I'm not particularly flexible or coordinated, so this plan was moderately doomed from the start.  Scooting my bike below the gate and leaning way over to the side, I decided to grab onto the bar and kind of swing myself under and through.  As I put my weight on the bar, it moved slightly, pulling me off balance.  Now my feet were all tangled up in my toppled bike and all of my weight was on my arms as I clung to the bar to keep from falling.  My wonderful friends stood there laughing at me and looking for a camera before realizing I was the one holding it, but they did as if I needed help (affirmative) and rescue me from my predicament.  My face and stomach hurt afterwards from laughing so hard.

We rode into Lost Valley and then up the first climb, which was surprisingly not bad except for getting crop dusted by Luke the whole way up.  For whatever reason, I think that climb is easier on my cross bike than my mountain bike.  Of course we had to stop at the gate to play.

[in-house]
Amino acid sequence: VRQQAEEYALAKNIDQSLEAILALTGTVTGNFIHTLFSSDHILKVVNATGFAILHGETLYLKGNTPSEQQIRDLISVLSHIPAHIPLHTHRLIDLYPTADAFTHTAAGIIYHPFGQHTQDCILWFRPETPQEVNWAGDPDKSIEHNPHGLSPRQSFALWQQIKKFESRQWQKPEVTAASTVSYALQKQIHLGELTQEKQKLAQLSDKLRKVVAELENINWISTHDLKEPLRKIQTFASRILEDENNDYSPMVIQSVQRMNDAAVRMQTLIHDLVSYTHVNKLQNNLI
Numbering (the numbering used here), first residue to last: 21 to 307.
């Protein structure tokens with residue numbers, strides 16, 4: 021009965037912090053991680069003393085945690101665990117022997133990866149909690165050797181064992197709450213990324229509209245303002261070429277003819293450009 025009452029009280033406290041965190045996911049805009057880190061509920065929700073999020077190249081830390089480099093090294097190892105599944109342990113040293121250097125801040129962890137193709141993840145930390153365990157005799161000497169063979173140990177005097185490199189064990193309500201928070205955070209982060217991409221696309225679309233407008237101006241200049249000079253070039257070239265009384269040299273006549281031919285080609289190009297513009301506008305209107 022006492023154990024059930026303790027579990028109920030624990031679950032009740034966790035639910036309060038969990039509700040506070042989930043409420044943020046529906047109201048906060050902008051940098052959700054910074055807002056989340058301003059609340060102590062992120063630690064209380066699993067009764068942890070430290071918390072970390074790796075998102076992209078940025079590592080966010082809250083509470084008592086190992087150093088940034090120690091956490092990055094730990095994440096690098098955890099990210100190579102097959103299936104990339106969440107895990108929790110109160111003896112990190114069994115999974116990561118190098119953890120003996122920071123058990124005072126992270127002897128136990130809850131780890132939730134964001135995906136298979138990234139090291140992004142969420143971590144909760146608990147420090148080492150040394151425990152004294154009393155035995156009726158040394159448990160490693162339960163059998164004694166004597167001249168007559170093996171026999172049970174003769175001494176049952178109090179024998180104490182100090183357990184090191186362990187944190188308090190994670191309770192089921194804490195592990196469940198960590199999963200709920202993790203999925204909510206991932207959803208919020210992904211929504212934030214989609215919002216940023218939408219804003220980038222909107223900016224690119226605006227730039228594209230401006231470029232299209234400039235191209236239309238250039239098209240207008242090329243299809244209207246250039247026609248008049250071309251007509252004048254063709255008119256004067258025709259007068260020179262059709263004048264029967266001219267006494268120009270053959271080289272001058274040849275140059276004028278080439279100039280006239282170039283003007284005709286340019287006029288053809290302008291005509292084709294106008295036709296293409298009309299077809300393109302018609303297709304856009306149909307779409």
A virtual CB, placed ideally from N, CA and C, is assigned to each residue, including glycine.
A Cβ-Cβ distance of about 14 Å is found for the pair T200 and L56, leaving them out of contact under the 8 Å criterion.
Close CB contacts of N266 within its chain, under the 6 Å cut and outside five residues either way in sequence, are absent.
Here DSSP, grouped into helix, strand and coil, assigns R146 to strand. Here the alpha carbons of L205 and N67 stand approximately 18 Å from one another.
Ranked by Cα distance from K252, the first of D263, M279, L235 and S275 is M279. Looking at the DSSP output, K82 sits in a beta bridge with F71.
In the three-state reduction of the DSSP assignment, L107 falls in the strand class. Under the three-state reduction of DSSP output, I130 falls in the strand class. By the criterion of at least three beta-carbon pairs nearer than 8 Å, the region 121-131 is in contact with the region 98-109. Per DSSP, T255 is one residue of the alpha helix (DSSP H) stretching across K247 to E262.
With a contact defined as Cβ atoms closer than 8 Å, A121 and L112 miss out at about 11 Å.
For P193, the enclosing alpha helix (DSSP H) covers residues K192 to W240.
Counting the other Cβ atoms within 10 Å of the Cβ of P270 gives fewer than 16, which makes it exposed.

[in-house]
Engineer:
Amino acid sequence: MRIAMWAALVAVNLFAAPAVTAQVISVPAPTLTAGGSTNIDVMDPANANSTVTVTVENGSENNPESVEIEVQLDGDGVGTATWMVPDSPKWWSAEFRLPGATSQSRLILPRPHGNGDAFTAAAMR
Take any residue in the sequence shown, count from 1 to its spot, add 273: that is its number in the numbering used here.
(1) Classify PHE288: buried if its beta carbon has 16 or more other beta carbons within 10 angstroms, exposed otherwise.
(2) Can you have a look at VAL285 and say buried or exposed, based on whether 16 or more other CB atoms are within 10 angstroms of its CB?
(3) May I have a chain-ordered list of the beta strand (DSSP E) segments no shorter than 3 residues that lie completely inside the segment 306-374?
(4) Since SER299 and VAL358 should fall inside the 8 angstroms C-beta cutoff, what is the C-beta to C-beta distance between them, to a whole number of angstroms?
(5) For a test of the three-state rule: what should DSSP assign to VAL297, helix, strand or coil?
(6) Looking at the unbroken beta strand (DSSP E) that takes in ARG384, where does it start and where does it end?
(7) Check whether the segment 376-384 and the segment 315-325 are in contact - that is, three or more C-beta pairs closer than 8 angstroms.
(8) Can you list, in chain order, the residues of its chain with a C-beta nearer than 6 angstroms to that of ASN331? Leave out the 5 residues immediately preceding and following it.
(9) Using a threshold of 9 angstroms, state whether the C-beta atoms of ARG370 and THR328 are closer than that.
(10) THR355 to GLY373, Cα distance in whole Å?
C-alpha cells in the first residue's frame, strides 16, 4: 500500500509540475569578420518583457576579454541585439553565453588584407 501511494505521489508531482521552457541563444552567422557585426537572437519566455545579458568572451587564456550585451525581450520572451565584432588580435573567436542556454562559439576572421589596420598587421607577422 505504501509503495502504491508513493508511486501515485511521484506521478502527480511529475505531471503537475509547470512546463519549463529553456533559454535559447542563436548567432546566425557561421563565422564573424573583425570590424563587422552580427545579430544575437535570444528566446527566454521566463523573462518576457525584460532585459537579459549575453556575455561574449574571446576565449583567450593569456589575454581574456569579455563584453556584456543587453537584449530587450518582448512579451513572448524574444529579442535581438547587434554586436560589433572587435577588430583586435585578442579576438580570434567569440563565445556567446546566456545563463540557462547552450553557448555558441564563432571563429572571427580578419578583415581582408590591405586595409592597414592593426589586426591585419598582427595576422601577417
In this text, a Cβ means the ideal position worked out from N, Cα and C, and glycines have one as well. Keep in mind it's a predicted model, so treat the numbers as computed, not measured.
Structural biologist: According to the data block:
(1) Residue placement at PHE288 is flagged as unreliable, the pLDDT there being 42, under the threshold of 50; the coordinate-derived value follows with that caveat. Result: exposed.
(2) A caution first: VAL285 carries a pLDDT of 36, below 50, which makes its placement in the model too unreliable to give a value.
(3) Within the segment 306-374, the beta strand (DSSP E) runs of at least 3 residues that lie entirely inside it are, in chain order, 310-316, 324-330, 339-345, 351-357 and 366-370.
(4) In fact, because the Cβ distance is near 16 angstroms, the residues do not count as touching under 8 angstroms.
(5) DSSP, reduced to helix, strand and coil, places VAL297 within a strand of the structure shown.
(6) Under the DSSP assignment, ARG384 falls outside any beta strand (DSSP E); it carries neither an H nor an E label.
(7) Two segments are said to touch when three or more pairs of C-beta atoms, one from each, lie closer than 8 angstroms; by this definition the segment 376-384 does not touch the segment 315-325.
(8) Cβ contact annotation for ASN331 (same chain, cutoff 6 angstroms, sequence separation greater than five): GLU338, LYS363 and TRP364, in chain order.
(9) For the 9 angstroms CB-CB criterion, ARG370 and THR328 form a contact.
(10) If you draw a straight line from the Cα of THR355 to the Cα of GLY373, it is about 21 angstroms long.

Night ride
Getting ready for takeoff
Night ride
Man in looks like it's going slow, but it feels fast as you come around.
Night ride
Bashing the stopper tree.
We all rode away with new bruises from slamming into the gate as it hit the tree on the other side of the trail.  Luke's was the most impressive; he managed to shave all of the hair (and some skin) off of a strip of his shin.  The doubletrack led back to a big descent, which the boys cruised down and I crept down.  Being a huge chicken isn't just a blow to my ego; it also steals me of the momentum I'd have climbing right back up the hill at the bottom.  Even so, while in March I only was able to ride my cross bike about halfway up that final climb, on this ride I made it within about 15 feet of the top and just kind of gave up. Lame, and yet encouraging.